In fact. we don't have them now. This is the second possible use of intuitions about knowledge which I want to consider: that such intuitions can be used to draw the line between inferential and noninferential knowing. This is . there is no reason to suppose that such identities will be forthcoming. 1975). then F(x) is the (abstract)reasoning that x instantiates. pp. at least in certain cases. if Jerry Fodor 6 and others are right to suspect that psychologically interesting functional descriptions will cut across neurological categories. This idea lies at the heart of Harman's epistemological strategy and underlies his 6 The Language of Thought (New York: Crowell. a functional account says how the functioning of [a mental or neurophysiological] processallows it to be correlatedwith the reasoning. .* [The] relevant correlationis a mapping F from the mental or neurophysiologicalstructuresto abstractstructuresof inference. processes which might even be causal under other descriptions.. if "9realreasons" cannot be identified with what he would say to justify himself if pressed. 9-25. takento be an abstractinference.." but.which the processinstantiates. . Thus: . In any case.To ascribe reasoning r to someoneis to presupposethe existence of a reasoninginstantiator F and to claim that his belief resulted from a process x such that F(x) = r (T 48/9). But it is like a causal theory in that it makes the possession of knowledge depend on the occurrence of certain actual processes in the knower. Ordinarytalk about reasons and reasoning is to be explicated by way of the notion of a reasoning instantiator. Harman's theory of knowledge is not exactly a causal theory. what we think best explains his peculiar behavior. . . A question that naturally arises is: On what grounds should we ascribe one kind of reasoning to a person rather than another. If x is a processin the domain of F. .254 THE JOURNAL OF PHILOSOPHY explanation by reasons is functional and nondeterministic. Harman does have an alternative criterion for the ascription of real reasons..that we use intuitions about knowledge and the Gettier effect to decide when reasoninghas occurredand what reasoning there has been (T 47). . or whatever else is authorized by common sense or psychoanalysis? Perhaps the existence of type-type identities between mental and neurological states would give point to a stronger notion of "real reasons for belief.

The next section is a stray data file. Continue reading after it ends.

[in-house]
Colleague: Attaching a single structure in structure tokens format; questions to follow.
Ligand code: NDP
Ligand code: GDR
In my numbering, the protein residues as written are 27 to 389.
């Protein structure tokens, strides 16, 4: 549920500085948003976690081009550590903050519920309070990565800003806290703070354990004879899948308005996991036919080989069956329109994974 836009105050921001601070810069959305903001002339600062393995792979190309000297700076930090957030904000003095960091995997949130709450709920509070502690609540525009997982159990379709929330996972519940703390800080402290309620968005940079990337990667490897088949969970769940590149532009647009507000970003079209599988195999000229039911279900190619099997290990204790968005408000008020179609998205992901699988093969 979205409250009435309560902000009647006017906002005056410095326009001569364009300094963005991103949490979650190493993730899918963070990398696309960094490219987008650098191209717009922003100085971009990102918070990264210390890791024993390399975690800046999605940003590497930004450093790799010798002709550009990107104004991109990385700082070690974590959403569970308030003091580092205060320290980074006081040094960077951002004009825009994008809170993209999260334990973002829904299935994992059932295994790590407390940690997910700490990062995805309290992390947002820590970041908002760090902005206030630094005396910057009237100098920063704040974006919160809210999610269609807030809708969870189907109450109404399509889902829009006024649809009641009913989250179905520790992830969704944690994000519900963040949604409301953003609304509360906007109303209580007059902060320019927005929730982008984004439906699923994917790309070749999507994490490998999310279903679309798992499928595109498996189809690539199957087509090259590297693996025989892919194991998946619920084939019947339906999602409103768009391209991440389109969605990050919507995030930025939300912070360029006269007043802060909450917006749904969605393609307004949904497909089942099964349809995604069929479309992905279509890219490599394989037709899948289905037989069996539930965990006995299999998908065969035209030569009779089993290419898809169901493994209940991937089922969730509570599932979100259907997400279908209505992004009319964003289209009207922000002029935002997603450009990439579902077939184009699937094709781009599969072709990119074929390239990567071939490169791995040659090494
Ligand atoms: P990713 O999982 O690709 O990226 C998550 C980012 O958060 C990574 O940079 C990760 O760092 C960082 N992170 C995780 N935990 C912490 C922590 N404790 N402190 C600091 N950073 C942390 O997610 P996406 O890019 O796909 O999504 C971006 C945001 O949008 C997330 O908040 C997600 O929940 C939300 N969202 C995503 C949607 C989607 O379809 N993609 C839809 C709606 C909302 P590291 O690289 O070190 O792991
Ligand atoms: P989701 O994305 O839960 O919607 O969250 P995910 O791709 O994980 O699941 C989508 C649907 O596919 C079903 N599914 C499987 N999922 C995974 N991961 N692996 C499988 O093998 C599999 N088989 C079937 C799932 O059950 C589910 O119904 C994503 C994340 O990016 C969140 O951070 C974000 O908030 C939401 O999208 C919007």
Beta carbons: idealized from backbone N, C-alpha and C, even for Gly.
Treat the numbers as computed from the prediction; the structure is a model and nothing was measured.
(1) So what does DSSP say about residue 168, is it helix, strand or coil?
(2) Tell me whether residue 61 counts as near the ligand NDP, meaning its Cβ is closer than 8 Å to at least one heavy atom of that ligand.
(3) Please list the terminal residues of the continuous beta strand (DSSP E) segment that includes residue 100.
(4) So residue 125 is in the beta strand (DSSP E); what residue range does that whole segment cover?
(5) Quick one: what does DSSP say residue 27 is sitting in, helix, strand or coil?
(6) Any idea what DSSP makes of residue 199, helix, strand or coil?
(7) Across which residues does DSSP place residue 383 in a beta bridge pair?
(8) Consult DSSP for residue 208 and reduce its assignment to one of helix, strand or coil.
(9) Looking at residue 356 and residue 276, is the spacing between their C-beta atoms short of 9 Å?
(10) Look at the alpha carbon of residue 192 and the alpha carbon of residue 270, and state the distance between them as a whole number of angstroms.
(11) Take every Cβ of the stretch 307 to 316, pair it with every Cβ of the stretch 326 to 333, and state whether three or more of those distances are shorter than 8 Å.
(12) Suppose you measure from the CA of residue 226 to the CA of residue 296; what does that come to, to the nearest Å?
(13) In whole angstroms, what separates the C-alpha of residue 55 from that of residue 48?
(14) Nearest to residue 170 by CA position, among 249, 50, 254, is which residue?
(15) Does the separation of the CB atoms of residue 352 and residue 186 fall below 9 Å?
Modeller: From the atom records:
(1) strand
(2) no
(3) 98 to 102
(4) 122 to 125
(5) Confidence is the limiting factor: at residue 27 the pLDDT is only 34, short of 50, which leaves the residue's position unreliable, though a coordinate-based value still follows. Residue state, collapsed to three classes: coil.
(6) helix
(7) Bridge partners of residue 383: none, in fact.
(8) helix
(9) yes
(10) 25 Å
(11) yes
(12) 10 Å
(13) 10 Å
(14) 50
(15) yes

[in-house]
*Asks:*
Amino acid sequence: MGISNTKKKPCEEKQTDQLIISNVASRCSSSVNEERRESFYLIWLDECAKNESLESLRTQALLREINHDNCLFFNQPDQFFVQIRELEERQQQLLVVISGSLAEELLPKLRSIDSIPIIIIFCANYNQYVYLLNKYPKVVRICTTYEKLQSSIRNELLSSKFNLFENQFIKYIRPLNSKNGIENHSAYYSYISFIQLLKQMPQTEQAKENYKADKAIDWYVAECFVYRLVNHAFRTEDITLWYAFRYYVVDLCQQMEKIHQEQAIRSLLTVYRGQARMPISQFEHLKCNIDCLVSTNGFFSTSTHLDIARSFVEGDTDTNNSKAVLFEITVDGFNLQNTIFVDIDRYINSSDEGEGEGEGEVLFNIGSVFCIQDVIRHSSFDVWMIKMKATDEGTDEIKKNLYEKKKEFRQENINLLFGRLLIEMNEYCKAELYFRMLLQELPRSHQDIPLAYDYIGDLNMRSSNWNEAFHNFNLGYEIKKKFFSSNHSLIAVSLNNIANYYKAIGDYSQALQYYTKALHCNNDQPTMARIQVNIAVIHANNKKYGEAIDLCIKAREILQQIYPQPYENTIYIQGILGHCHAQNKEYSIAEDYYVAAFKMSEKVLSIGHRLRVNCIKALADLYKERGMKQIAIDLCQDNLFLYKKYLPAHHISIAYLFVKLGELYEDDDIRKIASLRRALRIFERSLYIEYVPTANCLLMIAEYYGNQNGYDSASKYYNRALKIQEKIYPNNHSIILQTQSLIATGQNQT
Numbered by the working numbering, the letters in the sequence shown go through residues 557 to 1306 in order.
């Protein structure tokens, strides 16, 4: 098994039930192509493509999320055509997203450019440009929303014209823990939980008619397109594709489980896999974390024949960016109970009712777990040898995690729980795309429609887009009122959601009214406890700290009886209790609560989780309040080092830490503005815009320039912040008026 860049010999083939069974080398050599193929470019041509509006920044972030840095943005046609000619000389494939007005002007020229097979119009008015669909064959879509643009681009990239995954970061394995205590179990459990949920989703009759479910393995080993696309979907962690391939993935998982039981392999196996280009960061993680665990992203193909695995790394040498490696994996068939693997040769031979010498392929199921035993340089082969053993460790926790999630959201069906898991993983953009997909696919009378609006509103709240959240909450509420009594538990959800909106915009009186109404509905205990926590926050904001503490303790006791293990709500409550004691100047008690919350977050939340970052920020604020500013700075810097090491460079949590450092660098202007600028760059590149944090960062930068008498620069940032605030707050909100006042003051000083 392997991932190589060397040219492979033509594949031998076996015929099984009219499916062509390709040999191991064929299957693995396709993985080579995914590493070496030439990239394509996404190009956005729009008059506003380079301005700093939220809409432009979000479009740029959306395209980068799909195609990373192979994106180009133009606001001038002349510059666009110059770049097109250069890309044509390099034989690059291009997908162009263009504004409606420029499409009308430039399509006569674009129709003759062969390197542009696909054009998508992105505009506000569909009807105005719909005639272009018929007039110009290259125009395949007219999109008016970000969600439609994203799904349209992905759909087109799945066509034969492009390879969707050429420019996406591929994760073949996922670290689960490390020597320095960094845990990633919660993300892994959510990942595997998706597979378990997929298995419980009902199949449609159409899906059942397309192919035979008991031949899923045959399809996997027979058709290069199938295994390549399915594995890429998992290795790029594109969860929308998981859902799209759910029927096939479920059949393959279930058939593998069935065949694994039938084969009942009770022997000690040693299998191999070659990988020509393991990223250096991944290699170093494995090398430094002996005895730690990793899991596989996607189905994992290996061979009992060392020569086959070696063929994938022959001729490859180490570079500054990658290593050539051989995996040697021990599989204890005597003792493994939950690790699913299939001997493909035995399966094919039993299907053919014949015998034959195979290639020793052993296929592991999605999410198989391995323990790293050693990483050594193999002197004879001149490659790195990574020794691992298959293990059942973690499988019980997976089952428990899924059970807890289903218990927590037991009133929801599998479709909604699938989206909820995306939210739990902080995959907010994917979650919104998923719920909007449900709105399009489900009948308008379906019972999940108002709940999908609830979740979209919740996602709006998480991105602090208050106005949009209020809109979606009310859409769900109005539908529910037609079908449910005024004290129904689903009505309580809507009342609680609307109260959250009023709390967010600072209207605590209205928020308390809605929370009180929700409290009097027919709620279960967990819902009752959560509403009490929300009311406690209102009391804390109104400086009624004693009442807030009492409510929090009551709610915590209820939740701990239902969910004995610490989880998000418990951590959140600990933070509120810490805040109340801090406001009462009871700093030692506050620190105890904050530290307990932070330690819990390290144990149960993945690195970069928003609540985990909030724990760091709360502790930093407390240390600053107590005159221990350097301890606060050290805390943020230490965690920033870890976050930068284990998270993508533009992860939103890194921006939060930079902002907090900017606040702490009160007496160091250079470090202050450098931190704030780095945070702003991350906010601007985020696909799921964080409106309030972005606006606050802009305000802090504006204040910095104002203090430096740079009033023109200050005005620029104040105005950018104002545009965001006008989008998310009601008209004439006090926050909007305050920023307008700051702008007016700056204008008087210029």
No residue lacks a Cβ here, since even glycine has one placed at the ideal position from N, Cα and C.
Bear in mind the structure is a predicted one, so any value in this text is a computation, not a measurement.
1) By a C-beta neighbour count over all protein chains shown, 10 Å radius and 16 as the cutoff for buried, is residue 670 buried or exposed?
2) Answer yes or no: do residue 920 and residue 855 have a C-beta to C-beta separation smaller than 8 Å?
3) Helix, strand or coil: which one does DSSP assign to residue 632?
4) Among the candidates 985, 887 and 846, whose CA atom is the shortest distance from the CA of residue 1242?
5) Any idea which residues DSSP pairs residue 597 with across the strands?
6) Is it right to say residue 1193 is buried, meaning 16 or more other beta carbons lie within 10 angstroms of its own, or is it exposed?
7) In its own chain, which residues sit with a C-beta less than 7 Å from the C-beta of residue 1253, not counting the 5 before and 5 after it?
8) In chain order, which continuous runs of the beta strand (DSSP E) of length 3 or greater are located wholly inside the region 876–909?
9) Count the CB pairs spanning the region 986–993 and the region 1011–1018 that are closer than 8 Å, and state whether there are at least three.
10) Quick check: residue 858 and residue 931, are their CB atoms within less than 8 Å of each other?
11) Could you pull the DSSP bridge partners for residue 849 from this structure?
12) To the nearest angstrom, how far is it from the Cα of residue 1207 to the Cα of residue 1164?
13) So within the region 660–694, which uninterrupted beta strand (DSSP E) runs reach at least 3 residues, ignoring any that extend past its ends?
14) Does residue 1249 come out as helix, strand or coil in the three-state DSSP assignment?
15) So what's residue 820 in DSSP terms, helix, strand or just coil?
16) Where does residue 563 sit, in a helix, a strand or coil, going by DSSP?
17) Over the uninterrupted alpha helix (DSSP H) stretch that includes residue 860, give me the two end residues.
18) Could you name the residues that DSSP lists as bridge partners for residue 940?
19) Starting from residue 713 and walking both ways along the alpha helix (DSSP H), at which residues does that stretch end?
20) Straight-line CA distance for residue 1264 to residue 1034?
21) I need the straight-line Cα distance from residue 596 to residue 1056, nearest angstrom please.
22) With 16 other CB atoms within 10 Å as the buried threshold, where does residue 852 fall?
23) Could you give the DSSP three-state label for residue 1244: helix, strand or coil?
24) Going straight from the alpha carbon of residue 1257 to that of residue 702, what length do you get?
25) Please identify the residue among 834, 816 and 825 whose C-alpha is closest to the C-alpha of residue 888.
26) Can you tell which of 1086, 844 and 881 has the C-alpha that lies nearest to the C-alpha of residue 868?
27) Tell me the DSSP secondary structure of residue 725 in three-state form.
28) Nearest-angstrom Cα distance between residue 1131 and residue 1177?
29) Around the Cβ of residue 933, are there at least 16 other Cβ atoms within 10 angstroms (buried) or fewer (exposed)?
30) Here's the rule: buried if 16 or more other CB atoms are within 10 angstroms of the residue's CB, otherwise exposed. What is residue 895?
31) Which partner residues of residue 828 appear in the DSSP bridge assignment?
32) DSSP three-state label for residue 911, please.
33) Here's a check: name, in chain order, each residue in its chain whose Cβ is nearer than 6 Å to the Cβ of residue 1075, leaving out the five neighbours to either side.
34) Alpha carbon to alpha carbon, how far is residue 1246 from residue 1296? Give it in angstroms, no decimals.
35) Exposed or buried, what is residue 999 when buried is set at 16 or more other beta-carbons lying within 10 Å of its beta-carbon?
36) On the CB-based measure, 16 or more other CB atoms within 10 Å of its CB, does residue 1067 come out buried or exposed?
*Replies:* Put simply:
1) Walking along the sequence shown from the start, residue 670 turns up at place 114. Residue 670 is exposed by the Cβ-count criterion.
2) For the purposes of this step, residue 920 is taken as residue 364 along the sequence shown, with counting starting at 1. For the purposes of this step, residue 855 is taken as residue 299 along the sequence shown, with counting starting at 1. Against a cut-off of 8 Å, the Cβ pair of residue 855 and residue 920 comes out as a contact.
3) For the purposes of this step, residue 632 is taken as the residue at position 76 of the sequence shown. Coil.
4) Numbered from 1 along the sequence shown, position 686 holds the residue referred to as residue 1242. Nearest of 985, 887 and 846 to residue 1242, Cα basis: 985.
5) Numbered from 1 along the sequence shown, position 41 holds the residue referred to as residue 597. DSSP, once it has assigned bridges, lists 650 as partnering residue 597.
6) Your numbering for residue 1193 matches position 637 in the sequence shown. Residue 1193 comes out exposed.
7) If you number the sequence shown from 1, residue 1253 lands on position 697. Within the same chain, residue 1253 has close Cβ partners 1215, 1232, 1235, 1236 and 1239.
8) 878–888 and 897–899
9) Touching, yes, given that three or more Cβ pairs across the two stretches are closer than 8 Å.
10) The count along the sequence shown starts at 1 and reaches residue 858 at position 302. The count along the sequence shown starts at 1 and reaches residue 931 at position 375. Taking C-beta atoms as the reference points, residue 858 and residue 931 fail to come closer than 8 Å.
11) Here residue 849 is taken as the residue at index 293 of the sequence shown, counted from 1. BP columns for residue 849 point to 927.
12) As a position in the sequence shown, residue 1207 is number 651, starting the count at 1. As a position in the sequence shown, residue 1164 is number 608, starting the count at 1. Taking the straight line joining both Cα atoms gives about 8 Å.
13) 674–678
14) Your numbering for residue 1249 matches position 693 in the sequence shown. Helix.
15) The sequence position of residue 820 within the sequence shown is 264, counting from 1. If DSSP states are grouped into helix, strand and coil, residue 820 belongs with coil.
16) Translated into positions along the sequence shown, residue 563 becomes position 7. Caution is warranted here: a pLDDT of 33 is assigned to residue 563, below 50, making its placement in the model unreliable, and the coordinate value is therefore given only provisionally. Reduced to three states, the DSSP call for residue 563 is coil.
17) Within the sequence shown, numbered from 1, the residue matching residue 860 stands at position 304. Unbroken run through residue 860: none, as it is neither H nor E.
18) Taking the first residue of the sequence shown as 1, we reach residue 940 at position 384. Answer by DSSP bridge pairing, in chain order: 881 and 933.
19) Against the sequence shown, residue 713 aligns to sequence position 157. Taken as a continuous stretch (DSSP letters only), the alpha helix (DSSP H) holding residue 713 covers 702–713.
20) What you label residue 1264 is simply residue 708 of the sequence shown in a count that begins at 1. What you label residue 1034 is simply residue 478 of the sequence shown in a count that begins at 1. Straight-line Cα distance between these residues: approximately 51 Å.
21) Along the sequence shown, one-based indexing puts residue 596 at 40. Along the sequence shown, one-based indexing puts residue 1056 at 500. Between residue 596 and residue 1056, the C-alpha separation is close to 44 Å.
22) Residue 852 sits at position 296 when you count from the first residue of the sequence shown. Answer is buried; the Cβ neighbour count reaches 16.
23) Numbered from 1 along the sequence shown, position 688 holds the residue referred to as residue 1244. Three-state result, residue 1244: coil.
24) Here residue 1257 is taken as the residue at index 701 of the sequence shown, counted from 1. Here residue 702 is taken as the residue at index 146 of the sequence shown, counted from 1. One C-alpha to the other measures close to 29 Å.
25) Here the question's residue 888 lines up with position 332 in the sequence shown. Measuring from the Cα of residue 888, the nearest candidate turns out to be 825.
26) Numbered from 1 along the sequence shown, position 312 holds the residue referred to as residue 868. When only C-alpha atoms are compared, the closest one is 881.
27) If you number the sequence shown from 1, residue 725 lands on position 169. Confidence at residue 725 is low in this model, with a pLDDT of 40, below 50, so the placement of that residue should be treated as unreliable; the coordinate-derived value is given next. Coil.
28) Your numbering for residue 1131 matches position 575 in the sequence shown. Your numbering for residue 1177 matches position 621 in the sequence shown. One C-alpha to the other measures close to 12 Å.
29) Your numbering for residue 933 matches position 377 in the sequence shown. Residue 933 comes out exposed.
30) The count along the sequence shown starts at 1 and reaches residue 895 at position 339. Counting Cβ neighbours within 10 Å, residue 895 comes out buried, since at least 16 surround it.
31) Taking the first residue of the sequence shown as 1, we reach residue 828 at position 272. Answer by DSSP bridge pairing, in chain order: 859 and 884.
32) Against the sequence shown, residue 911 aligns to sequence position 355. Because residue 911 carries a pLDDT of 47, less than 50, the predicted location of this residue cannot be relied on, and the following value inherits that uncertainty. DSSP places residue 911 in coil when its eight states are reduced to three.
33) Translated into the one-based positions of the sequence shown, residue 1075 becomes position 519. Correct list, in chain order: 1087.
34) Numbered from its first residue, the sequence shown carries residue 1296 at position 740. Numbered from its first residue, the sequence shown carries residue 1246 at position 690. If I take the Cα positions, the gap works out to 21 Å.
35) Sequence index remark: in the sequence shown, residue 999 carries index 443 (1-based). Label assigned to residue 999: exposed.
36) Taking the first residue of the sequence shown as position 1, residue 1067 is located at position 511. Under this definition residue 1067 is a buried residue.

radical skepticism attacks the possibility of justification." As I have already argued. and then tries to show that there is no acceptable pattern of inference to supply the requisite justification. although arguments for radical skepticism must assume that the kind of knowledge under attack rests on inference. there is no reason to suppose that we have to use intuitions about when people know things as opposed to merely believing them with justification. 1977). people actually have for the beliefs they hold. so. sect. The Gettier effect offers a way to decide. . ix. The problem with this description of the project is to know what to read into the phrase "intuitive judgments about when people know things. see my Groundless Belief (Oxford: Blackwell. 1956). Let us begin with the supposed epistemological significance of the Gettier effect. Radical skepticism poses certain problems about justifiability and is not just concerned with the reasons. The distinction between inferential and noninferential knowing has always been of fundamental importance in the theory of knowledge. there is no clear way to decide a priori which beliefs should and which should not be counted inferential. For a discussion of this analysis of skepticism. if any. The Problem of Knowledge (London: Pelican Books. Ayer. radically skeptical argument does advance a way of distinguishing inferential 7 See A. It is proposed that we use the possibility of constructing Gettier examples to detect inference. .INFERENCE. claiming that his idea is . There is no real connection between the problems raised by radical skepticism and whatever we might hope to learn about inference by trying to account for Gettier examples. . JUSTIFICATION. and this suggests a linkup with the traditional problem of knowledge. AND THE ANALYSIS OF KNOWLEDGE 255 claim that the "ordinary concept of knowledge" not only "plays an important role in common-sense psychological explanations" but also "ought to be taken more seriously in theoretical psychology" (KRC 841/2). Much of its importance derives from the fact that an important kind of argument for radical skepticism starts from the claim that beliefs of a certain sort can be justified only by inference. Furthermore. However. I do not think this will work. Harman would reply that. J.7 Harman himself sees a connection between his own project and the evaluation of arguments for radical skepticism. to turn skepticismon its head and use intuitive judgments about when people know things to discoverwhen reasoningoccursand what its principlesare (T 112). even if we agree to turn skepticism on its head. ch.